WASHINGTON, Oct. 10, 2011— -- Occupation can lead to ownership, whether or not you want it.
The spread of the "Occupy Wall Street" movement was met with initial hesitation in both the Democratic and Republican parties. That might be an appropriate response to any protests aimed squarely at the establishment, particularly those with goals that are diverse and diffuse as those of the protesters.
But a consensus is emerging among Democrats that the "Occupy" movement is worth tapping into, even helping along and joining with in some instances.
"I support the message to the establishment," House Democratic Leader Nancy Pelosi, D-Calif., said on ABC's "This Week." "Change has to happen. We cannot continue in a way that does not -- that is not relevant to their lives. People are angry."
To Democrats eager for a liberal antidote to the Tea Party energy that lifted Republicans to power last year, the "Occupy" rallies that started in New York last month and have spread to cities nationwide are tempting to embrace.
In their broadest focus, the protesters channel the indignation Democrats are trying to stir up in the year before the presidential election. The Obama White House is seeking to rally the public for a jobs package and deficit-reduction ideas that argue for the rich and corporate America to pay more -- goals the protesters largely share.
"The protesters are giving voice to a more broad-based frustration about how our financial system works," President Obama said last week when asked at a news conference about the "Occupy Wall Street" events.
It may be that occupiers wind up playing a role for the political left that tea partiers did for the right. But Republicans had one significant advantage in taking ownership of the Tea Party phenomenon: they were entirely out of power in Washington when the movement took root.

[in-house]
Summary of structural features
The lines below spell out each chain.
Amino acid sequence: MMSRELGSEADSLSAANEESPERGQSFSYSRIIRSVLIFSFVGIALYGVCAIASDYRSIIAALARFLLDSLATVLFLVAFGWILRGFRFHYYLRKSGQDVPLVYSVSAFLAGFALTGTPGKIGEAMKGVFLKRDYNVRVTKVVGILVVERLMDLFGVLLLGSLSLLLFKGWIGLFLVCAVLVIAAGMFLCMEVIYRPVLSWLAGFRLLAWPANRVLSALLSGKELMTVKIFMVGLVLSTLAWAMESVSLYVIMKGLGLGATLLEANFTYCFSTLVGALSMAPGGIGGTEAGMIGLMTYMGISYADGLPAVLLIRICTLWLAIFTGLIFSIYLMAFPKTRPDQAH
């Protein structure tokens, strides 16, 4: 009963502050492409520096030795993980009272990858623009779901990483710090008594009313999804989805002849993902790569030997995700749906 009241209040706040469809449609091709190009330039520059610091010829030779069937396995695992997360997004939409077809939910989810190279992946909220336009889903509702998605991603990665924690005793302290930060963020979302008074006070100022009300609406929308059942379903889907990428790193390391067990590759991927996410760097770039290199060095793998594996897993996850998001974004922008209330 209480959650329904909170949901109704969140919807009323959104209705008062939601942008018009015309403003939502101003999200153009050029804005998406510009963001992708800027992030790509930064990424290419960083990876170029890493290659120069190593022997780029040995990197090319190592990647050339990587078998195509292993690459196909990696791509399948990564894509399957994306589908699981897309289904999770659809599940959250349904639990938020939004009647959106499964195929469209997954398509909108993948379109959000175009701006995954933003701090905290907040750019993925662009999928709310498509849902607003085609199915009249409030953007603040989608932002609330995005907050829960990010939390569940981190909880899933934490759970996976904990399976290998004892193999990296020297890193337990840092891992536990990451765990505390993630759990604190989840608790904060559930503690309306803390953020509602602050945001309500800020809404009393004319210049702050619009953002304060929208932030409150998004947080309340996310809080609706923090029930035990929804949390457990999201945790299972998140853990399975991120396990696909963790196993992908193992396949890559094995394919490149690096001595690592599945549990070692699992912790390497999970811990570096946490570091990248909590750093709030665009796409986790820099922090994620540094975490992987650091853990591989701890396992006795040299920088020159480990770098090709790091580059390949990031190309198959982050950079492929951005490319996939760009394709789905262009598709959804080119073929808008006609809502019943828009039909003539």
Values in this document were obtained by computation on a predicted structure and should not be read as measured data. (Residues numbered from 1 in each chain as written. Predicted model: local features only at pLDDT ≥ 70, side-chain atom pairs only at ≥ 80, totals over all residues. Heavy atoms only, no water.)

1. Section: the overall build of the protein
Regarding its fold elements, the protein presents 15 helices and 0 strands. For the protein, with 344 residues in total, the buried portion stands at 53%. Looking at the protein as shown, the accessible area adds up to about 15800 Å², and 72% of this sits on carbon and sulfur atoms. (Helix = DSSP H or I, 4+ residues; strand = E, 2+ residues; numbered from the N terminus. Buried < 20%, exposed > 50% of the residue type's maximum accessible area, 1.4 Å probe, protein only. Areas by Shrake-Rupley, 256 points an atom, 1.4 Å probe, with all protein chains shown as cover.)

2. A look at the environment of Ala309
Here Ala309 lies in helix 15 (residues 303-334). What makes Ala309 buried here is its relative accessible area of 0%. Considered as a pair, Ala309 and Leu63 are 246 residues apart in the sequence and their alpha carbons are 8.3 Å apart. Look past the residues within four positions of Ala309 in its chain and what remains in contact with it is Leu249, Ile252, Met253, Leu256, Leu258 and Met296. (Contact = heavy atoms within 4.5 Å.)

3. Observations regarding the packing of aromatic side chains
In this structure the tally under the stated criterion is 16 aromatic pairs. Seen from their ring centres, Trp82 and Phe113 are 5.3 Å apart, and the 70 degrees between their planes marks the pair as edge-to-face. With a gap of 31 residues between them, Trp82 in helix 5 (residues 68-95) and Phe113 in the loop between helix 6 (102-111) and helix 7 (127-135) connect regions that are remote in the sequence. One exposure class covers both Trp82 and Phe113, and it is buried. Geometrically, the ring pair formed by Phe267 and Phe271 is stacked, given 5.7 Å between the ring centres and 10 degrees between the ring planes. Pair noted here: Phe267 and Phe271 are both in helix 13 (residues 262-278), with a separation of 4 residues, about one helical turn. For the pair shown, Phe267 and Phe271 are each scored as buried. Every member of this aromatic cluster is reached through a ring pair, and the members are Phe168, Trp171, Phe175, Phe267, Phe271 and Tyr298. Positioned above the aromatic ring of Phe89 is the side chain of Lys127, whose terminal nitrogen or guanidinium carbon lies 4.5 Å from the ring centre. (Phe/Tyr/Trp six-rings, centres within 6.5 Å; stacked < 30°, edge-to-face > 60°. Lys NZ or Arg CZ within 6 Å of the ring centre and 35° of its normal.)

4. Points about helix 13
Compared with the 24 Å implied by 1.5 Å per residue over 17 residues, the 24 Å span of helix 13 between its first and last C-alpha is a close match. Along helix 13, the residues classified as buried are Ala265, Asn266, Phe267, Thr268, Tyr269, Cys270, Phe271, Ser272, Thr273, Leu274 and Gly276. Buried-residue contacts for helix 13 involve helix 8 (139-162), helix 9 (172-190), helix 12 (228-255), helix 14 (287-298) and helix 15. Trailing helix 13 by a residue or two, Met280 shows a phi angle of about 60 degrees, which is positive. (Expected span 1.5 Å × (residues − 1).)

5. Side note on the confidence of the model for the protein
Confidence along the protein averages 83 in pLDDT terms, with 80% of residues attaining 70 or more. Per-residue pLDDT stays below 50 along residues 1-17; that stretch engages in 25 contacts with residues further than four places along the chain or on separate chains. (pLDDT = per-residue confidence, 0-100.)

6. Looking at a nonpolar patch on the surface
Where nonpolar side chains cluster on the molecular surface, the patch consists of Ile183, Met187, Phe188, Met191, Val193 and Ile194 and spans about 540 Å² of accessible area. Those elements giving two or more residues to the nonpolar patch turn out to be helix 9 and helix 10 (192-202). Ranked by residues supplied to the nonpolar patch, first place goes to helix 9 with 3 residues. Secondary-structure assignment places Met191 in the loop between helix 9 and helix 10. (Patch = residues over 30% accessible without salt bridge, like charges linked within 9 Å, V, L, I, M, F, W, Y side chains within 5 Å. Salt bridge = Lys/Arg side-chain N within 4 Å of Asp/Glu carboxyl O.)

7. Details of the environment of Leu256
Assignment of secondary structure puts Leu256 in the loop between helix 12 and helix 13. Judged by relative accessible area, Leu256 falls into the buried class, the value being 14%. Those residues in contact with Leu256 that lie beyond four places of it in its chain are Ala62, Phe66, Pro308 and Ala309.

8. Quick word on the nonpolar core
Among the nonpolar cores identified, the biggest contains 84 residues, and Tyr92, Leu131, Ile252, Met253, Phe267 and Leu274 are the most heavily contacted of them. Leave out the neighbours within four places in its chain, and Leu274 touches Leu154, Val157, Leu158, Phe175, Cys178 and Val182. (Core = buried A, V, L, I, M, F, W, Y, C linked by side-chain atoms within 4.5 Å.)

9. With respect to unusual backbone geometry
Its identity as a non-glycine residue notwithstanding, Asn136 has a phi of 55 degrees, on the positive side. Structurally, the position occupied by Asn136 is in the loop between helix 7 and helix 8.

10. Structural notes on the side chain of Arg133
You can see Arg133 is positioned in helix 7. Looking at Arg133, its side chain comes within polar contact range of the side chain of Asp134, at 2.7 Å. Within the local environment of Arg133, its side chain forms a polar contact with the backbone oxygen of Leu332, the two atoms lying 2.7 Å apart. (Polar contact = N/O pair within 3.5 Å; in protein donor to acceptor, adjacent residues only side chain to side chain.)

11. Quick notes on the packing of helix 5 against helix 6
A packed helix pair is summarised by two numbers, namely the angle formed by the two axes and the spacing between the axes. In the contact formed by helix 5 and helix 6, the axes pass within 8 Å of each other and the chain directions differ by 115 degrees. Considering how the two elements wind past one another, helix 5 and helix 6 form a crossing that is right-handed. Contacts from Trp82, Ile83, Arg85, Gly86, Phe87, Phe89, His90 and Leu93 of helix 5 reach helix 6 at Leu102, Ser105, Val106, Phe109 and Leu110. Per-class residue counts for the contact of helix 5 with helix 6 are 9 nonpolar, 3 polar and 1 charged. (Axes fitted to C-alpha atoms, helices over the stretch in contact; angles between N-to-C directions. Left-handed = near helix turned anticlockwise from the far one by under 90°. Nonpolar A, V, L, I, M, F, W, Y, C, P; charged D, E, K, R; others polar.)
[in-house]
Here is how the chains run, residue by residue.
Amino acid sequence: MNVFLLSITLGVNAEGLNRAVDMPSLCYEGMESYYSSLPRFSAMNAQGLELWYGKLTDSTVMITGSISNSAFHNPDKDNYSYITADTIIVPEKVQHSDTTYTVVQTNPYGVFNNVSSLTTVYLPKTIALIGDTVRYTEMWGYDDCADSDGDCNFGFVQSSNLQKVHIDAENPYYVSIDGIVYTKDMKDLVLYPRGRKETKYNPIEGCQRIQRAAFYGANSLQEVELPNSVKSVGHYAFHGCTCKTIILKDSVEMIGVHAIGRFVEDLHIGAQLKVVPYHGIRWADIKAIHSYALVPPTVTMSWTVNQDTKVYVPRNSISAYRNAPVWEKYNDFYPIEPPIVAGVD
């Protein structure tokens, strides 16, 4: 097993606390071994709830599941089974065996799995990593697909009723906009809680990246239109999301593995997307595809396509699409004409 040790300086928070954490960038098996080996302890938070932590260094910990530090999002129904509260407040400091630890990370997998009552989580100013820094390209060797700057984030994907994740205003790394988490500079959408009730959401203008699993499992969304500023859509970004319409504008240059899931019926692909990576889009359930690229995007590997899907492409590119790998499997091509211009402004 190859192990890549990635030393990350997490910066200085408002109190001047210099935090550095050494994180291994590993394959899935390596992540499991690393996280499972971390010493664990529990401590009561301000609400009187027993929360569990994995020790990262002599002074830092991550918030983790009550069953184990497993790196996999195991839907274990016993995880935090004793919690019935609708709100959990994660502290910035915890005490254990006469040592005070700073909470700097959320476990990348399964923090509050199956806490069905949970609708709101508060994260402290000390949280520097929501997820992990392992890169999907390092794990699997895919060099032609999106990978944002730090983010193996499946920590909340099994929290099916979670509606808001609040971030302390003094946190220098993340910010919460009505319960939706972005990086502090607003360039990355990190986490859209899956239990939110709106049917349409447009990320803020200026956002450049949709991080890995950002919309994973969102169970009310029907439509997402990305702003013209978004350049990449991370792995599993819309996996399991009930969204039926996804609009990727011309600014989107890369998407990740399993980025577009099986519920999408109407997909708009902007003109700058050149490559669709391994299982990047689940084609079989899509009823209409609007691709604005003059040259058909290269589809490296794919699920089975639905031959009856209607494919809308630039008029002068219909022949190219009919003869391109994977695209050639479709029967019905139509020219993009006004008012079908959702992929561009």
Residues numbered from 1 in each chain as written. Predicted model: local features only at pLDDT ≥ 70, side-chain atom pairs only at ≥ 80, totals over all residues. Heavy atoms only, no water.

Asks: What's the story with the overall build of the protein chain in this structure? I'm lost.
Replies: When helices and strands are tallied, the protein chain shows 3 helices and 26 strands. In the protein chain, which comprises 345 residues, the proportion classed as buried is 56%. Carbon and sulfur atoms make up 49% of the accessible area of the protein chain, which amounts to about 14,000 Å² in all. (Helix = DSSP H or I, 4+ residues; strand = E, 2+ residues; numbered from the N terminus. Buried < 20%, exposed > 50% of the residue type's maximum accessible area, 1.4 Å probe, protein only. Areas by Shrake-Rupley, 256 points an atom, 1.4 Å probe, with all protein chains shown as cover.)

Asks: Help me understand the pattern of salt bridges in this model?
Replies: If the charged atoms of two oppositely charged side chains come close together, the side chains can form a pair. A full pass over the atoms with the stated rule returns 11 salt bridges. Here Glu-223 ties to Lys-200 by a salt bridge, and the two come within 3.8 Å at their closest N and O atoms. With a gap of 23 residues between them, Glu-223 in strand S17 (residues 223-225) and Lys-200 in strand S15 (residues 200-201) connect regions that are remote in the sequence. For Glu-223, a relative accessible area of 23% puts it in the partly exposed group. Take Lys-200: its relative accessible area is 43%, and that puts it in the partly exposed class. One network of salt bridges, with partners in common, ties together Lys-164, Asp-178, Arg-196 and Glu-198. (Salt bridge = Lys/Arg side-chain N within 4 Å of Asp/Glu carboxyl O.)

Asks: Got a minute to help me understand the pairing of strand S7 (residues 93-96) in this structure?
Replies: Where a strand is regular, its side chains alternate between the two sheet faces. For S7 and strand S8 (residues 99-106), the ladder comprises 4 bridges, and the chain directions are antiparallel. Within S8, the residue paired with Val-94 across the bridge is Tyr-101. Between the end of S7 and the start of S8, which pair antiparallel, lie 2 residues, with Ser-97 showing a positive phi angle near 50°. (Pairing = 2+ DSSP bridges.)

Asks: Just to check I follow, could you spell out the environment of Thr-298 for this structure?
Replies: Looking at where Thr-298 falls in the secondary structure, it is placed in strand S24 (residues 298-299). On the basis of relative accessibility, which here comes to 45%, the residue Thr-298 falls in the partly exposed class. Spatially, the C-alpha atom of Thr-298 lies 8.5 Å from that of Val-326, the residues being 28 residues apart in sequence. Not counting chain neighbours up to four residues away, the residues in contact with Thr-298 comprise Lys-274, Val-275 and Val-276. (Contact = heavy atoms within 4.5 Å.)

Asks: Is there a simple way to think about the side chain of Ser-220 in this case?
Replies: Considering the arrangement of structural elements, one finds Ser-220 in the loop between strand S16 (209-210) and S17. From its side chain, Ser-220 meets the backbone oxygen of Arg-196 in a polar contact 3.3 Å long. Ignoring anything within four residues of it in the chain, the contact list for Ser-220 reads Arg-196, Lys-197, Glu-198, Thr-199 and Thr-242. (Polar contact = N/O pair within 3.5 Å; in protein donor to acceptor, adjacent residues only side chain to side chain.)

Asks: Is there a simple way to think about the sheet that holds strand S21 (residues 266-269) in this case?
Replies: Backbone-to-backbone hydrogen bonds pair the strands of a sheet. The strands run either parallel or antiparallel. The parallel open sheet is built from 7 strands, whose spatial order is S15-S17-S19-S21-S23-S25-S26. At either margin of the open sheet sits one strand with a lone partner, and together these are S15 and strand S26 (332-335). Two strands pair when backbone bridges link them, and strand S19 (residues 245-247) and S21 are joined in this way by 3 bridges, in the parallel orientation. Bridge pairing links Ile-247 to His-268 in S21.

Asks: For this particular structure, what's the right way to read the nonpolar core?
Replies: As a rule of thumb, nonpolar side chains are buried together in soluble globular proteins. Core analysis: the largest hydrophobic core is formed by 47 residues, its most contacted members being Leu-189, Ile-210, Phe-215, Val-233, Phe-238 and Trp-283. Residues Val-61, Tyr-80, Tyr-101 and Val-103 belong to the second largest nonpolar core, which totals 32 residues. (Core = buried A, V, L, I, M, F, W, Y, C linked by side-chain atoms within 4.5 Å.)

To occupiers, at least some of the blame for their perceived lack of accountability in corporate America rests with the current Democratic administration. A persistent liberal critique of Obama administration has been its coziness with Wall Street, and the lack of more drastic actions to repair the economy after eight years under George W. Bush.
In that sense, the protests may highlight divisions inside the Democratic Party even more than they motivate the party faithful.
In its infancy, the Tea Party faced major internal rifts -- including some that almost certainly cost Republicans Senate seats last year. But most of those divisions have long since healed, as tea partiers work almost entirely in concert with Republicans, with the prospect of defeating Obama next year serving as a unifying influence.
The movement has some Republicans concerned -- worried enough to start swinging back.
House Majority Leader Eric Cantor, R-Va., has expressed concern about the "growing mobs" that are engaged in "the pitting of Americans against Americans."
Cantor's condemnation of members of Congress who are rooting the protesters on echoes conservative commentators who are belittling and delegitimizing the protests. "Occupy Wall Street" hasn't matched the Tea Party when it comes to numbers, or to concrete goals, though neither movement could ever boast of being monolithic.
Others have gone farther in denouncing the current round of protests. Tea Party Rep. Paul Broun, R-Ga., last week labeled the "Occupy" protests as an "attack upon freedom," and suggested that labor unions have hijacked the movement to boost the president's reelection prospects.
"They don't know why they're there. They're just mad," Broun said of the protesters, on ABC's "Top Line."
Anger, of course, respects no political boundaries these days. Many of the Republicans who are now critical of "Occupy" were cheering the Tea Party movement on.
Now it's Democrats who get to learn the lesson: Channeling the emotions of anger in politics is seldom as simple as it seems.